Trauma is often brought on by an event that has shocked you like a sudden loss in the family or to one of your friends, but most trauma is unfortunately born from childhood. There many ways this can occur and some you even don’t remember either through regression or because it happened at such an early stage of your life, some of the causes that can trauma include:
- The separation from a parent or both parents
- Growing up in an unsafe or unstable environment
- Being neglected as a child
- Receiving or being a witness to domestic violence
- Potentially life-threatening or serious illness
- Being a victim of verbal, physical or, sexual abuse
The effects that can occur are long-lasting and sometimes not triggered for many years after childhood. Being able to talk about your traumatic youth can help to alleviate some of the pain that you may be feeling, helplessness, and a sense of fear is very common among adults.
What are the Common Symptoms of Emotional Trauma?
We all react in different ways to traumatic events at any age, some people are not fazed by something that they may have witnessed or endured. There is no correct way on how to deal with things and everybody is different. Psychological and emotional symptoms that can occur include:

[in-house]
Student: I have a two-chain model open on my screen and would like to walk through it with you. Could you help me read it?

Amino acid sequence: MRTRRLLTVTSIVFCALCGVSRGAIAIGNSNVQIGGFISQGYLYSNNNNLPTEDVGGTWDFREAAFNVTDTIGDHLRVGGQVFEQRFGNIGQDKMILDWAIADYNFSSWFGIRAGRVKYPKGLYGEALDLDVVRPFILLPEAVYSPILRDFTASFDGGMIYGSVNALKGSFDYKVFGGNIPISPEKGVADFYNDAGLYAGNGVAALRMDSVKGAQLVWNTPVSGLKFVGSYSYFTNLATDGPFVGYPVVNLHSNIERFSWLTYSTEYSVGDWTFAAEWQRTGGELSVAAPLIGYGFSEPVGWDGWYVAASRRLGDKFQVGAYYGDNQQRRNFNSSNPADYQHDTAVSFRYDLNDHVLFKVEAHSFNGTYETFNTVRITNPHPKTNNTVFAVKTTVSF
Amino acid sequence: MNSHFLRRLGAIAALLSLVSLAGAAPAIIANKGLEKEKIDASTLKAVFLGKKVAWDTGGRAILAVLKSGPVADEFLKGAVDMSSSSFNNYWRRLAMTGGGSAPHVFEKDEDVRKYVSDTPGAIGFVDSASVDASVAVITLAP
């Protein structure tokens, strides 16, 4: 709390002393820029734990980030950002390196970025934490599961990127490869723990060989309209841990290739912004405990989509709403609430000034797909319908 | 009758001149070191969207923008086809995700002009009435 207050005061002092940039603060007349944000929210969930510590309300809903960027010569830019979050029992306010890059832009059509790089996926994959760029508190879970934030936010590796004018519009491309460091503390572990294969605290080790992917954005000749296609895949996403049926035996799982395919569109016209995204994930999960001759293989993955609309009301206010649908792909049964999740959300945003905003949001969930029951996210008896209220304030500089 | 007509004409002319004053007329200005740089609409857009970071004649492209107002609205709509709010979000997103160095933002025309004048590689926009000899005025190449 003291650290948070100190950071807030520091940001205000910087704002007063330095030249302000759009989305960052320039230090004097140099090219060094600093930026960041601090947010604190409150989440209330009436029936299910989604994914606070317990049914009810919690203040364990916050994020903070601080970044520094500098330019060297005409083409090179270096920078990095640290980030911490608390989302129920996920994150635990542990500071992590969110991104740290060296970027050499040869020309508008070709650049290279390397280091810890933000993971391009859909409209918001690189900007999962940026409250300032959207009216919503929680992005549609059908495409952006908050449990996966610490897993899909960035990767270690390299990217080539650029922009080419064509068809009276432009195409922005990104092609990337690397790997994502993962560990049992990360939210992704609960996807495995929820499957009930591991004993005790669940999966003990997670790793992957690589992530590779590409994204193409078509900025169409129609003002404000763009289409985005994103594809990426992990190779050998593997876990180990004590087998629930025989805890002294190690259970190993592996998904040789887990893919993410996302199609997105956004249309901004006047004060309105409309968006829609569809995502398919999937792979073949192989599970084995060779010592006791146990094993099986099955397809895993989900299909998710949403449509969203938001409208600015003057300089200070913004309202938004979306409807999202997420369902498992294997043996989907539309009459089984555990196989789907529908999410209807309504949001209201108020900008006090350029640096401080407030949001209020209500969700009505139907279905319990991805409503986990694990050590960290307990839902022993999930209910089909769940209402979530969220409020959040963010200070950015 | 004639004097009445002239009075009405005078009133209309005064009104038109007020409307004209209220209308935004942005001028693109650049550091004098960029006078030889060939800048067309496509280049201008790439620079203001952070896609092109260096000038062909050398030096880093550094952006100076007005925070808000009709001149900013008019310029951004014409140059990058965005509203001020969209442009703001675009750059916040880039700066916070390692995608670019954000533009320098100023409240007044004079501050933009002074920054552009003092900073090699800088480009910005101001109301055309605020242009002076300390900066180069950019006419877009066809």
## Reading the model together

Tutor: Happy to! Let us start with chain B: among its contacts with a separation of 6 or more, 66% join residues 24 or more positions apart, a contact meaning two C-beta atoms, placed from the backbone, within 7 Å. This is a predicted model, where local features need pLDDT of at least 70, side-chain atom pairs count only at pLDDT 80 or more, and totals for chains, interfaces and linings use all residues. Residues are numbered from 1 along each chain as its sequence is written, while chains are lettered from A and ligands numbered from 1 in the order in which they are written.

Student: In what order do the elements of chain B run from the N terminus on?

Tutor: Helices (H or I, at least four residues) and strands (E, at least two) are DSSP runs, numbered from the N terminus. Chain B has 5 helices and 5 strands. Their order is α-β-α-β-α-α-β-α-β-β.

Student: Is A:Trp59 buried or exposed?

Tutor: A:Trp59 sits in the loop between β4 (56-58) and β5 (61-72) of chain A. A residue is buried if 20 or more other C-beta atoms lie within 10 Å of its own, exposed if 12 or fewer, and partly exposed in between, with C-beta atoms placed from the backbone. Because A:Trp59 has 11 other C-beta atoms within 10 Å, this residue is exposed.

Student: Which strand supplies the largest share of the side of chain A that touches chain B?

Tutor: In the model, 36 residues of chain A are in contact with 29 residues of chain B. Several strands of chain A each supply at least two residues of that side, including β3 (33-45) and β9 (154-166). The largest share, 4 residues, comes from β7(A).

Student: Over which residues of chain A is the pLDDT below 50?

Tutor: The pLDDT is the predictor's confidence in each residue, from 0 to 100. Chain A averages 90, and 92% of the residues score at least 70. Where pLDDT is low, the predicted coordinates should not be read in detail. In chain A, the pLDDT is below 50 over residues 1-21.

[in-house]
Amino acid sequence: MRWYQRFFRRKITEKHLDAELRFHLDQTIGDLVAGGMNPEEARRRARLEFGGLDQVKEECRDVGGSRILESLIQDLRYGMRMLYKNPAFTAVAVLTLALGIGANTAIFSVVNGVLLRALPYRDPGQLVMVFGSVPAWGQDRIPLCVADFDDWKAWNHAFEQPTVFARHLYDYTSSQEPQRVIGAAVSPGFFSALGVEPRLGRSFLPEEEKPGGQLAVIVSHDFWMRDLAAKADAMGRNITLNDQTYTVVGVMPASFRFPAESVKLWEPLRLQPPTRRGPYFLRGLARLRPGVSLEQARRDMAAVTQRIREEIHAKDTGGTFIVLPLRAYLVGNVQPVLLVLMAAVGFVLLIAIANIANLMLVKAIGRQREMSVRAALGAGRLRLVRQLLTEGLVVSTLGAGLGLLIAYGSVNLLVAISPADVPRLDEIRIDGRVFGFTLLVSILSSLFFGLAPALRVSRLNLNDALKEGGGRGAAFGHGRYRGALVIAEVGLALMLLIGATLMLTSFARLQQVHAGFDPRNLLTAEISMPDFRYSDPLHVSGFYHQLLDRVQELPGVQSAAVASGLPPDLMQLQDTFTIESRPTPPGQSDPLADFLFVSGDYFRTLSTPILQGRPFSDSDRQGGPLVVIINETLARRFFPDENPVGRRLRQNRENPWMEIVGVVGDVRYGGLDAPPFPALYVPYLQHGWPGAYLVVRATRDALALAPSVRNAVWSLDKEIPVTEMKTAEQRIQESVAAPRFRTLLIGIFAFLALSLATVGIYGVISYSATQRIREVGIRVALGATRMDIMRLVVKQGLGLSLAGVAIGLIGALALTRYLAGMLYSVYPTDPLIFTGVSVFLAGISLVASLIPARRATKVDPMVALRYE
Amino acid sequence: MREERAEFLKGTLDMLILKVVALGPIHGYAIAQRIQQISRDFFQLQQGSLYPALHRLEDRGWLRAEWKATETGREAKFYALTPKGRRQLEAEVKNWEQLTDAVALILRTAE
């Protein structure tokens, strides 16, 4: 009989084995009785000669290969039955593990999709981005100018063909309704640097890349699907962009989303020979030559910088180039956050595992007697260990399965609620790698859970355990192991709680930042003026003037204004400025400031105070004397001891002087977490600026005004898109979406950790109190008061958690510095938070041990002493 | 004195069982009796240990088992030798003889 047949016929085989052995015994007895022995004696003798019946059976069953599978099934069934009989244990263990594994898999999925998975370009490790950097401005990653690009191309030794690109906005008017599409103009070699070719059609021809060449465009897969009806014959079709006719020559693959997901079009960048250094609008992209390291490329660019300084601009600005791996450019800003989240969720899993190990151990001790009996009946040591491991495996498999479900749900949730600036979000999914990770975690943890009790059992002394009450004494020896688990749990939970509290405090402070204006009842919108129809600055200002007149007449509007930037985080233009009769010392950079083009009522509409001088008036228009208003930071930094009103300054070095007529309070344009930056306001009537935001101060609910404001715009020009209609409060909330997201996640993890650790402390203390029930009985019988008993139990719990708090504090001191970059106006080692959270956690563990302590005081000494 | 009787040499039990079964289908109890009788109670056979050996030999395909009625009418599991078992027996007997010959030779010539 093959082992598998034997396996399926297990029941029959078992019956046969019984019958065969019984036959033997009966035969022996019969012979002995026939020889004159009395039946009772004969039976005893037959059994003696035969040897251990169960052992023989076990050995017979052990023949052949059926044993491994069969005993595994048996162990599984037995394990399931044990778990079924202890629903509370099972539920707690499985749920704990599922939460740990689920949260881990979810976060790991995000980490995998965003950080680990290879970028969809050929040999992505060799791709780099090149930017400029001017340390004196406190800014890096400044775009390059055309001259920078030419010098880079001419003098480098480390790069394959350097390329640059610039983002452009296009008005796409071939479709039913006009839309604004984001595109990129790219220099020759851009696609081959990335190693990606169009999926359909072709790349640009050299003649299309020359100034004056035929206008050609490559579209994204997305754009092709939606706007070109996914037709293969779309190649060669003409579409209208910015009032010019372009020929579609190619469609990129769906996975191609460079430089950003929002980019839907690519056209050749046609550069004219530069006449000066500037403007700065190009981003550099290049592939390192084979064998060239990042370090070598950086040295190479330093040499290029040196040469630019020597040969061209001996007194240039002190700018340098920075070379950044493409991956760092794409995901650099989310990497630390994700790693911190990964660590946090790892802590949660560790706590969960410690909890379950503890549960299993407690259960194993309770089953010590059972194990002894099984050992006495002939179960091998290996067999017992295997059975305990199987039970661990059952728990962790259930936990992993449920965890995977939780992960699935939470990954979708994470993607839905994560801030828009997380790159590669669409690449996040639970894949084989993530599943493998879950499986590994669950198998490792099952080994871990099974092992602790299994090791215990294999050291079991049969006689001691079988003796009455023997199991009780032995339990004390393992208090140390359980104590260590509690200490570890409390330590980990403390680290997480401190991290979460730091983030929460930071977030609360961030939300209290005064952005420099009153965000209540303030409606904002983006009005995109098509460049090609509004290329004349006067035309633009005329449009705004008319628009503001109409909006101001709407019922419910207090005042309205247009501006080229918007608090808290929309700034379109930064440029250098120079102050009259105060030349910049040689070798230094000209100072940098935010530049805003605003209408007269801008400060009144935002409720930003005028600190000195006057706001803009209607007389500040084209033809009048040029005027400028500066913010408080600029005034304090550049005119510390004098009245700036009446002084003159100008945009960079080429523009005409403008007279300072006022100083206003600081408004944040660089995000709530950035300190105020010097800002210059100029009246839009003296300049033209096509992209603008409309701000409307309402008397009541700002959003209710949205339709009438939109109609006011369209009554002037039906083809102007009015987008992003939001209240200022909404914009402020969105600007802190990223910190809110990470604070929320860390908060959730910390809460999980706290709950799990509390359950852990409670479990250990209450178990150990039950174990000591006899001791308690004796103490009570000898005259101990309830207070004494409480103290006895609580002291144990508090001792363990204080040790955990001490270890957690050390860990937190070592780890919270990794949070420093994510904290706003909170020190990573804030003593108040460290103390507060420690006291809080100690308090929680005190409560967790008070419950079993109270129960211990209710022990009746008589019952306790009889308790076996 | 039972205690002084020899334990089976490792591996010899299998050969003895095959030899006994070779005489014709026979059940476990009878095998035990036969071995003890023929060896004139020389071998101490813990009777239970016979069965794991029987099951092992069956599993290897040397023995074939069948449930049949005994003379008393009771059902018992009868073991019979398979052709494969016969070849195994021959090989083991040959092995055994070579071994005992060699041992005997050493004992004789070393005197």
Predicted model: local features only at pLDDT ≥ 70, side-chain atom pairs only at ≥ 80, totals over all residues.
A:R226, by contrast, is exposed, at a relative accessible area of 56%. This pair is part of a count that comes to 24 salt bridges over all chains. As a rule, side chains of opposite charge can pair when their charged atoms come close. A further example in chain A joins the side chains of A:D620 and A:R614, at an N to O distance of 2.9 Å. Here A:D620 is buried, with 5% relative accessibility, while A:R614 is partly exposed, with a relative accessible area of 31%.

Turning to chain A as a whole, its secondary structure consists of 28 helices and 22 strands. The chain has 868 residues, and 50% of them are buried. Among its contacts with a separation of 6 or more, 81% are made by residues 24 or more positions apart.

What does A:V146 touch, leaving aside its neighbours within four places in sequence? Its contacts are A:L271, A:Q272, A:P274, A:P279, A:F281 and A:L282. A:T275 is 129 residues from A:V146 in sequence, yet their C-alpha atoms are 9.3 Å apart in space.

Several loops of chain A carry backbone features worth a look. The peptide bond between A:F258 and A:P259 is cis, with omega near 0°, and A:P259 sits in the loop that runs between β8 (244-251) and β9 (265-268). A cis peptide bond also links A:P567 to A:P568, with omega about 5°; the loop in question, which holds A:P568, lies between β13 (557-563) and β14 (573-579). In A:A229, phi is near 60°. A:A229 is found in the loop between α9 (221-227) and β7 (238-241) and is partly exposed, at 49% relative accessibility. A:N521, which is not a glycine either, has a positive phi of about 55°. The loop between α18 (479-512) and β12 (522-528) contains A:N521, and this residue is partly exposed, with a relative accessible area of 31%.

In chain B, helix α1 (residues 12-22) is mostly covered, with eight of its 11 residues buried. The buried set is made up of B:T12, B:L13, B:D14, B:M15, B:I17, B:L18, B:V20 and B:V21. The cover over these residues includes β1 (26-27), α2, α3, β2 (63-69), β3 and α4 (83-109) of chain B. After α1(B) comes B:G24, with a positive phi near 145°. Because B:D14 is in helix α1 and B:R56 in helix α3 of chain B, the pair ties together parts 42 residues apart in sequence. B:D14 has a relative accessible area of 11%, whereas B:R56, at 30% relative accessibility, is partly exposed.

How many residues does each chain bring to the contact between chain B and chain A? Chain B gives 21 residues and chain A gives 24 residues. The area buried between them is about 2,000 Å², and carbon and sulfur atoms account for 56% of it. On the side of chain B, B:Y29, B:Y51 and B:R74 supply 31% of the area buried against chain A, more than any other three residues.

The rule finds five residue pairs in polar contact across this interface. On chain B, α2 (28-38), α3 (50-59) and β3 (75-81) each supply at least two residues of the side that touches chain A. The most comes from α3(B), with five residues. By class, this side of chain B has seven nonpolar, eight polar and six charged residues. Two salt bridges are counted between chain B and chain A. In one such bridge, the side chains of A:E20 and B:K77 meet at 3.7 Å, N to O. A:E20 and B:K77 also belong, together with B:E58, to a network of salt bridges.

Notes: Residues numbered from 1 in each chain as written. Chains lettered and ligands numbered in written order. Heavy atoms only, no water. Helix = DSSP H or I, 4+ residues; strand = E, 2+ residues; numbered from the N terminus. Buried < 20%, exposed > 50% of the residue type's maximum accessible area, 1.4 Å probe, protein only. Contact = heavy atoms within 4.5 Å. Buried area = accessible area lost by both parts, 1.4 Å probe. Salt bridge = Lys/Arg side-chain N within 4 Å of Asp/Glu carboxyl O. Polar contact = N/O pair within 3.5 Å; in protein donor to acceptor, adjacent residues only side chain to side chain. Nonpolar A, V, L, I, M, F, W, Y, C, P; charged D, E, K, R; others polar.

- Mood swings, anger, and irritability are common
- Difficulty concentrating or confusion
- Anxiety or fear
- Withdrawal from other people company
- Feeling numb and disconnected
- A hopeless or sad feeling
- The feeling of denial, shock, or disbelief
These are all common feelings when experiencing psychological and emotional trauma. The symptoms of trauma can also affect you physically too, including:
- Insomnia or nightmares
- Muscle tension
- An erratic heartbeat
- Finding it hard to concentrate
- Being on edge and agitated
- Aches and pains throughout the body you have not experienced before
- Being easily startled
Trauma does affect people in a variety of different ways and should not be ignored either emotional, physical, or phycological can have a detrimental effect on the quality of life you or a loved one may be experiencing.
The First Steps in Helping Somebody to Recover From Trauma